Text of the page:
Wednesday, December 5, 2012

Thus & Such, Vol. 12

1. "Despite biblical precedent, few Christians understand or practice Sabbath as a regular part of life, and consequently, neither do their children.  Christian parents bear the responsibility of teaching our children the value of rest, through our words and through our actions"  One of the trends we see in the church nowadays is that people are becoming increasingly busy in life.  Maybe not the smartest thing for families to do, according to this article, when it comes to physical and spiritual health.

2. What has Rob Bell been up to?  Part of me says, "Who cares?"  Although I suppose it's important to know where he is at all times.  It won't be long until he cooks up another batch of heresy for the church to devour.  Read about his life post "Love Wins" here.

3. " spite of our long history and tradition of tolerance, I am finding myself increasingly intolerant - specifically, of the theology and practice of many evangelical Christians."  This piece was referenced on Wretched Radio recently.  I've posted before about the irony of tolerance, and how the fact that people who embrace tolerance as the main tenet of their worldview yet fail to see this irony is mind-numbingly ignorant.  Well, maybe this is some good news?  Although it's certainly got plenty of bad news to go with it.  People are beginning to see the hypocrisy of tolerance.  That's good news.  The bad news is, they don't care.  Read the article, and prepare to have your head explode.

4. "Total depravity is a reality, both taught in Holy Scripture and experienced in life, with important implications not only for pagans but also for Christians.  Very often we think of this biblical doctrine in connection with those who are unregenerate, or with regard to Christians before their conversion, but we reflect less frequently on the depravity which still infects those who have been saved by grace and reborn of the Spirit."  Do Christians still sin?  To what degree?  Am I still just as bad of a sinner as I was before I was saved?  Good questions.  This article has some good answers.  

Tuesday, December 4, 2012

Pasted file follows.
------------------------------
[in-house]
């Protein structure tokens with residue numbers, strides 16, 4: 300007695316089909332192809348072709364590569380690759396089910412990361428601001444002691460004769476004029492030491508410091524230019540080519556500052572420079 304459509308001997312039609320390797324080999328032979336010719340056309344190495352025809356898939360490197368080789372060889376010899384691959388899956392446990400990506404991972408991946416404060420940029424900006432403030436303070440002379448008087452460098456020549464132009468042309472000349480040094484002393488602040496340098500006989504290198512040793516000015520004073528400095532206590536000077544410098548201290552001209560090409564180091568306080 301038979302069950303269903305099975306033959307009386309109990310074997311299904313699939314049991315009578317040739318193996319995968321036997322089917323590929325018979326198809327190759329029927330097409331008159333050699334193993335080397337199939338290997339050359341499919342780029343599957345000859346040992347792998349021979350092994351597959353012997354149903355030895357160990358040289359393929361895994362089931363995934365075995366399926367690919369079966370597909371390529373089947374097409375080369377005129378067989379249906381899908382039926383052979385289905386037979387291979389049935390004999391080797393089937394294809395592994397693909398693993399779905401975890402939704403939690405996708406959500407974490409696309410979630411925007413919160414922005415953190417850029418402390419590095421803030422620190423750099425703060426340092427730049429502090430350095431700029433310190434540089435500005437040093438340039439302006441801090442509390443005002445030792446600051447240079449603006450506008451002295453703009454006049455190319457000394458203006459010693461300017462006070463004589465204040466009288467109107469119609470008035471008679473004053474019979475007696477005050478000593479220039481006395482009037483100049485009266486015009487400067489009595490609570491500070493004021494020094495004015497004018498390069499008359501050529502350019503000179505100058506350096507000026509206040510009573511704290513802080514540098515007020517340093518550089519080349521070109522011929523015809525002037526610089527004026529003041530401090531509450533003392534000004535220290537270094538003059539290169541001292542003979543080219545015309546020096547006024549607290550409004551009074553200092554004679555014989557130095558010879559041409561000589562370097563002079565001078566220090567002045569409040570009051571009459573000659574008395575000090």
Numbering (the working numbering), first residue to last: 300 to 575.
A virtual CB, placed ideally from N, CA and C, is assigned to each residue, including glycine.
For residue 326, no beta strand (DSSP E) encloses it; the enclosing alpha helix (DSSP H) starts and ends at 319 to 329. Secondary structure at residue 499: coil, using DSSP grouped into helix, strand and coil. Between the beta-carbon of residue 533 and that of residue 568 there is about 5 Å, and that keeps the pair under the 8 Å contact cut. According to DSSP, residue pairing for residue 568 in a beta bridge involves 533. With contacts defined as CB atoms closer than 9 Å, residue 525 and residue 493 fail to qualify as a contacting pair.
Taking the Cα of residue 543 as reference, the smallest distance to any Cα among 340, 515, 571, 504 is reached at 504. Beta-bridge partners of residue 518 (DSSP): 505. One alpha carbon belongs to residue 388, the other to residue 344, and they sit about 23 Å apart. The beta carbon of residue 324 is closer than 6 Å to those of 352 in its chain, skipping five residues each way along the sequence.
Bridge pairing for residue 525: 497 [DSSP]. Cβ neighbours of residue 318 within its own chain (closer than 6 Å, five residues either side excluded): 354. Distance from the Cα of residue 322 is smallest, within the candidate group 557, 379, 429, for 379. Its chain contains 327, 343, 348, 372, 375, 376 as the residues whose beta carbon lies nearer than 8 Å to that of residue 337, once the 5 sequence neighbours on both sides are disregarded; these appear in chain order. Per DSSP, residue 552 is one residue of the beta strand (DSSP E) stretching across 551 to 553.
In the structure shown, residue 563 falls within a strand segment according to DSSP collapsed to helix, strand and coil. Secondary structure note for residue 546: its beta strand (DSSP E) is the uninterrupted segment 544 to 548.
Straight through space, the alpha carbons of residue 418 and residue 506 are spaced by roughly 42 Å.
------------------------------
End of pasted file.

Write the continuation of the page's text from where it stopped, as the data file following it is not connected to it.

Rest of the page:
Have a Beer with Jesus?

I was listening to the Wretched Podcast today, and they did one of their entertaining and provocative "Iron Criticizing Iron" segments.  The topic for this installment was whether or not the song "Beer with Jesus" gets a thumbs up or a thumbs down.

This segment on Wretched consists of Todd, Tony, usually David (the Chocolate Knox), and sometimes either Joey or Joel, talking about the theology of an issue.  Sometimes, as is the case in this instance, they'll talk about a pop culture issue, and determine whether or not it's theologically sound, something Christians should participate in, etc.

Like I said, this time they analyzed the song "Beer with Jesus," and talked among themselves about whether the song was profitable (in a spiritual way) or not.  Here's the song, and you can read the lyrics here.

If you read the lyrics or listen to the song, you'll find that 95% of the lyrics are good and sound.  The singer talks about asking Jesus some good questions, admits he's a sinner, and expresses a desire to grow in holiness.  Nothing wrong with that.  The crux of the song is the fact that he's having "a beer with Jesus."  Is Jesus someone with whom one could have a beer?

Before we get into what the guys on the show thought about the song, and what I think about the song, I think we need to affirm that drinking alcohol is not a sinful activity.  Alcohol is a morally neutral substance.  It is neither right nor wrong, bad nor good.  It can be used sinfully, and it can be used rightly (more on that in a minute).  A biblical case against alcohol as a substance cannot be soundly made, at least in my opinion.  But certainly when it comes to the misuse of alcohol, the Bible is full of all kinds of warnings and wisdom that we should take heed of.  All that to say that I don't think the song can be tossed out simply because it connects Jesus to beer.  Now onto Wretched's analysis.

One of the guys immediately gave the idea of having a beer with Jesus a thumbs down.  Again, not because of the beer, necessarily, but because he believed Jesus to be too high and holy to have any kind of beverage with.  That is, is Jesus really a buddy that I could have a beer with, or is he a high and holy God who sits at the right hand of the Father, the one to whom angels bow and cry, "Holy, holy, holy!"?